I think it is common knowledge that many people are going to have a hard time affording a comfortable retirement, and we all know people who plan to work until they drop because they feel they have no other choice. Joel came across an article recently – Middle-Class Americans Living With Regret About Retirement Savings One line jumped out at me
In a new survey question added this year, 22 percent said they would rather “die early” than live without enough money for a comfortable retirement.
More than one in five people are afraid they will be so poor that the time will come when life isn’t worth living. What a sad statement.
I can quote more statistics and link to more articles but I don’t think we need convincing that many people are going to retire with less than they think they need, or won’t retire at all. What does this mean in terms of quality of life?
Quality of life is much more than a financial thing, and I’m afraid that in the US we are going about it all wrong. It wasn’t until I left that I fully realized how much we are brainwashed to buy more, to have better stuff, a better job, house, spouse, car, clothes, jewelry… on and on and all this will make you happy. Work hard, get an education, get the great job, work very hard, and you too can succeed. But, succeed at what? Being happy? Not necessarily.
Then, I come to Central America and meet a lot of very happy people. Many of them live in conditions we would find totally unacceptable. There are financially poor people here in David, and even more in the more rural areas. There are terribly poor people in Nicaragua with dirt floor houses. But, if you define success as happiness they are very successful and very rich.
The Gallup Poll on happiness that came out recently that says Panama is #1! The US didn’t make the top 10. The article states “Panama had the highest scores in the world in four of the five well-being elements — purpose, social, community, and physical well-being. Sixty-one percent of Panamanians were thriving in three or more elements, the survey found.” Notice they didn’t score well in the 5th element – feeling financially secure.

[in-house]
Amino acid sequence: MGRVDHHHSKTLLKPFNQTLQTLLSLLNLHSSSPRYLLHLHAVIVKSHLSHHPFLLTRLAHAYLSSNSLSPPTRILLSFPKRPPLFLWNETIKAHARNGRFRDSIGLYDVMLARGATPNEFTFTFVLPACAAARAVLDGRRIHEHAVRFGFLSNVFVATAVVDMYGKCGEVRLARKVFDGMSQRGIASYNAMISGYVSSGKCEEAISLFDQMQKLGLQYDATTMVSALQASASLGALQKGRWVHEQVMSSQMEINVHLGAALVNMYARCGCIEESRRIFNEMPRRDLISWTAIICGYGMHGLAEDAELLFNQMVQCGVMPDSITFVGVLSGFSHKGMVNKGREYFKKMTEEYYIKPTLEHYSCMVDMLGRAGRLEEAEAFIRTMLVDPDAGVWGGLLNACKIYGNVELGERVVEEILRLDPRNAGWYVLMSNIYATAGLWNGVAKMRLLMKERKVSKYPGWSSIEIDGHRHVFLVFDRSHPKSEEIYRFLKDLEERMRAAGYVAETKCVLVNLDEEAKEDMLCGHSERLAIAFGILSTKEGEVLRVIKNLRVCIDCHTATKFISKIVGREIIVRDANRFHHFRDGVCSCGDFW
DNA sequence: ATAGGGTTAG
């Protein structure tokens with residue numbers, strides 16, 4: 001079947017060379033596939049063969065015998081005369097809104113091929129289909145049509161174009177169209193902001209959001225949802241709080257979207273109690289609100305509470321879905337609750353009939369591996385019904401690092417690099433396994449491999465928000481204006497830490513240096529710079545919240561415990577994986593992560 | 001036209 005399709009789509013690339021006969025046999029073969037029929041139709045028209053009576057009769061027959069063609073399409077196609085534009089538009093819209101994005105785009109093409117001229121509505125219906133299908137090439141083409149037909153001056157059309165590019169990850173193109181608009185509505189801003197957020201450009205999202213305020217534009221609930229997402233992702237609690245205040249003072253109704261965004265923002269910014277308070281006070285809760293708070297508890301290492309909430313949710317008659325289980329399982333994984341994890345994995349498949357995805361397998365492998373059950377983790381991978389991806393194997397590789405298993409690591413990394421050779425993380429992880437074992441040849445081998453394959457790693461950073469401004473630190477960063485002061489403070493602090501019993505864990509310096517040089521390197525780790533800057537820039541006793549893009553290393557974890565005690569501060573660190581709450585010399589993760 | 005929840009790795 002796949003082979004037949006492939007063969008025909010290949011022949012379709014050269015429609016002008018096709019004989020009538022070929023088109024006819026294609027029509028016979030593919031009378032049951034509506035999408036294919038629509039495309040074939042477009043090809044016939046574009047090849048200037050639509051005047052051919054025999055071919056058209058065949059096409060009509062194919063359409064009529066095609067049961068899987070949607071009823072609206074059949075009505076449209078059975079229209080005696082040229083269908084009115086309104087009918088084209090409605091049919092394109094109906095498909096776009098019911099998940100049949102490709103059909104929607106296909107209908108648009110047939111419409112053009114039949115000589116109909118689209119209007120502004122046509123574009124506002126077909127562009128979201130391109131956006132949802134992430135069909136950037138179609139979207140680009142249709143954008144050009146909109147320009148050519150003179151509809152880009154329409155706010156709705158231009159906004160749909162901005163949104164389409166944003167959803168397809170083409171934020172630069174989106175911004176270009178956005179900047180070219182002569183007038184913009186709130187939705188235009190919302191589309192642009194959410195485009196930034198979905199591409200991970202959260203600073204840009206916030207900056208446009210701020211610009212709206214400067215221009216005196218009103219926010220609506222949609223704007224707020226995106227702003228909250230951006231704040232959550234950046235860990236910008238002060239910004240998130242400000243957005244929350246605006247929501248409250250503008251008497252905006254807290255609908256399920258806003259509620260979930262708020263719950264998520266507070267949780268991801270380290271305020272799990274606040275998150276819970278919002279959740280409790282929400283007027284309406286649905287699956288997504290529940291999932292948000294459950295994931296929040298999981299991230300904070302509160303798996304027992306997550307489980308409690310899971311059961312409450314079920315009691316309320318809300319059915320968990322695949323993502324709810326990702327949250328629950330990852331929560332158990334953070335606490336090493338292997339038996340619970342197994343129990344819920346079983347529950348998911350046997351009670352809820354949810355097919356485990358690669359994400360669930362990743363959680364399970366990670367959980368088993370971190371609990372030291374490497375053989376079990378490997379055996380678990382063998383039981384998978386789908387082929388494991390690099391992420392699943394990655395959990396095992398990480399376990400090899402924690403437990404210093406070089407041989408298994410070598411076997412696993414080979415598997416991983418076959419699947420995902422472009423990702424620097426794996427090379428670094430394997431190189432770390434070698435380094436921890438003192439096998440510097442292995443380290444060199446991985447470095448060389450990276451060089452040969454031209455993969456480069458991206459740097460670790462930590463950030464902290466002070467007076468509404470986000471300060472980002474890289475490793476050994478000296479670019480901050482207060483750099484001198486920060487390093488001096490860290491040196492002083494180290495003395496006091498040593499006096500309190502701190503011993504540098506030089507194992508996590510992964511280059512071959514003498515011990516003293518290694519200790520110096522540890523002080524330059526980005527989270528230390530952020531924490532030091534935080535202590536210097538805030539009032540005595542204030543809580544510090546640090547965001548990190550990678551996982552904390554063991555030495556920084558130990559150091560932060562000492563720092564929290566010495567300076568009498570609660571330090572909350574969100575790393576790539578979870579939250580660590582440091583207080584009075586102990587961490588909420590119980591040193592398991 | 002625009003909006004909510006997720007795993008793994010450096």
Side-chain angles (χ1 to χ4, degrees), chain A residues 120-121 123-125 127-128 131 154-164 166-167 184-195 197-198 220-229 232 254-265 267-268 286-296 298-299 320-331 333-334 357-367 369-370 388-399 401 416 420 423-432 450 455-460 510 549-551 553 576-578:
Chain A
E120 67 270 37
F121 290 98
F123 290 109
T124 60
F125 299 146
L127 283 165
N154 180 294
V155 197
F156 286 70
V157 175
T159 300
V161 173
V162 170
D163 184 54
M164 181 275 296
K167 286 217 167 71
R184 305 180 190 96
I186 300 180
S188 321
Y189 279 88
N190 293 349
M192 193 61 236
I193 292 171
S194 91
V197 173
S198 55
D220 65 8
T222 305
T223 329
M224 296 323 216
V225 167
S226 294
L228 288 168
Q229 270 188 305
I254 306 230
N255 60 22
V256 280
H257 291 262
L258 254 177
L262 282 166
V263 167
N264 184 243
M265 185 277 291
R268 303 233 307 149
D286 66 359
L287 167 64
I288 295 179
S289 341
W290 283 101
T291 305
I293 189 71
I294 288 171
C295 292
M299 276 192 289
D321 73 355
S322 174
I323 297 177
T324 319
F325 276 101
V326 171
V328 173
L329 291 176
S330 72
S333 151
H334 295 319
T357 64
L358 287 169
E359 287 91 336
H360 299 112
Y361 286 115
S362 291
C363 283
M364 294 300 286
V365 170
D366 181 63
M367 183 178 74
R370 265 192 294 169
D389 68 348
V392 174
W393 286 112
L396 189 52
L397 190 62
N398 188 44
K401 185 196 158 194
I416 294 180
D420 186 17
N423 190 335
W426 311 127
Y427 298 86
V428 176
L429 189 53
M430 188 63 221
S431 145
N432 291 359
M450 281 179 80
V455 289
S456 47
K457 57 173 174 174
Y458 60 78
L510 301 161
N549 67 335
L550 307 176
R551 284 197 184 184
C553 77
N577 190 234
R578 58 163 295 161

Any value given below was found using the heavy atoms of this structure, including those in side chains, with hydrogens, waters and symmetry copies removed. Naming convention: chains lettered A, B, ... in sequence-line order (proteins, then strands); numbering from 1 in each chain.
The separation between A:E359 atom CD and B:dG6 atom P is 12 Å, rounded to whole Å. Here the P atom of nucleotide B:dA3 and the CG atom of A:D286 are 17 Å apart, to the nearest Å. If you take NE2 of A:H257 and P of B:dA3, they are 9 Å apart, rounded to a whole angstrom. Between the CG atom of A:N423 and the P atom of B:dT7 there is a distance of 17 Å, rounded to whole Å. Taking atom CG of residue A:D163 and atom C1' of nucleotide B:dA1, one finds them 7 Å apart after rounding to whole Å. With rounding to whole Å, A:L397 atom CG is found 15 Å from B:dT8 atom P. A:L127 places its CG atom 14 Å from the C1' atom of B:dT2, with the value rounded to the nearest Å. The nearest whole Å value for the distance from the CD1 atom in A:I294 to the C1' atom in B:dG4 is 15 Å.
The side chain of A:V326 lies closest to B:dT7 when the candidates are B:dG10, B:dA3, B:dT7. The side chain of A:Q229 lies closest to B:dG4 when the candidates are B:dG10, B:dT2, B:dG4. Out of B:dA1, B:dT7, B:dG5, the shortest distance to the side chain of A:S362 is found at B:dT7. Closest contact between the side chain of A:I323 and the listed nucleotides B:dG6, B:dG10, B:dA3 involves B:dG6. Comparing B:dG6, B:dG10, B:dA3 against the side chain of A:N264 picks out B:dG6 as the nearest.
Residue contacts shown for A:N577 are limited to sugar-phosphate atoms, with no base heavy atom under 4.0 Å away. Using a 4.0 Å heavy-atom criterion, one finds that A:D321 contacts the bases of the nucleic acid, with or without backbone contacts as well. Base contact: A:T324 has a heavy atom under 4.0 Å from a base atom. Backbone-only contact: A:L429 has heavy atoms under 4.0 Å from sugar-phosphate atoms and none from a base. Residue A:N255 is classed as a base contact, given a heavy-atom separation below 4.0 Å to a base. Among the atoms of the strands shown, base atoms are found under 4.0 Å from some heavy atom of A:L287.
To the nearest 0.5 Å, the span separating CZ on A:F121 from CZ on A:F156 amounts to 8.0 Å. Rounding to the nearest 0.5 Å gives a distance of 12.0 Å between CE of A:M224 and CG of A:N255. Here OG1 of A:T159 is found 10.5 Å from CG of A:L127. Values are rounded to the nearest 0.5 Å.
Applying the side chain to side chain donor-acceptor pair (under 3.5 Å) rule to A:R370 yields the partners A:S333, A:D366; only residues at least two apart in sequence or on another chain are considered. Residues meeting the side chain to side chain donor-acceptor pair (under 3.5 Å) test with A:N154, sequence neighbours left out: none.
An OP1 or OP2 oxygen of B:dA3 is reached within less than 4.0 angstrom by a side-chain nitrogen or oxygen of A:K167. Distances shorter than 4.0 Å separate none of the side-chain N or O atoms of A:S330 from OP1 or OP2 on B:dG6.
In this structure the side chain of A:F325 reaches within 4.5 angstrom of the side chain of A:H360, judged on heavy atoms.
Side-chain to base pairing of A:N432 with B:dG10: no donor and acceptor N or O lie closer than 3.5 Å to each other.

What does this have to do with all of us? I’m not sure, but it is pretty clear that most of us at or near retirement aren’t going to increase our financial net worth enough to make a bit of difference. Besides working until we drop, it seems there are two things we can do though – decrease expenses and lower expectations.
Many of us are looking at other countries as a way to decrease expenses. For some of us it is working wonderfully. For others it doesn’t work, especially those who don’t love the experience but feel forced into it by finances. There are also ways to cut expenses in the US – live in a cheaper place, give up various things, etc. But, does this help if we are filled with resentment?
I think the biggest thing we can do is change expectations. Of course this is terribly difficult to do in the US where we are bombarded with expectations every day on all fronts, from TV to newspapers and other media to the attitudes of those around us. But when you think about it, we experience our world and our happiness in our heads, in our minds. If you want to change your world, change your mind (so say the Buddhist teachers). Turn off the TV. Throw away the magazines. Cultivate friends who are happy. Be grateful for what you have. Try to help others. Get outdoors and enjoy what nature provides.
I know we are very lucky to be surrounded by happy people who generally have their priorities straight. If you ask a Panamanian what is most important you will probably hear – family, friends, enjoying life. They work hard but they are less driven and more relaxed about work. There isn’t the constant striving and stress that is so familiar in the US. Days off are for enjoying family and friends and having fun. There is no stigma about lying around in a hammock, even if you don’t have money to put paint on your house.
I have learned so much from these happy people and it has made it a lot easier for me to keep my head on straight. I really feel for the people who feel trapped in the US, unable or unwilling to leave, dealing with retirement on little money, feeling forced to continue working, feeling forced to make changes they don’t want, feeling they deserve better after a lifetime of work. I hope that somehow they can manage to make some really nice lemonade from the sour lemons.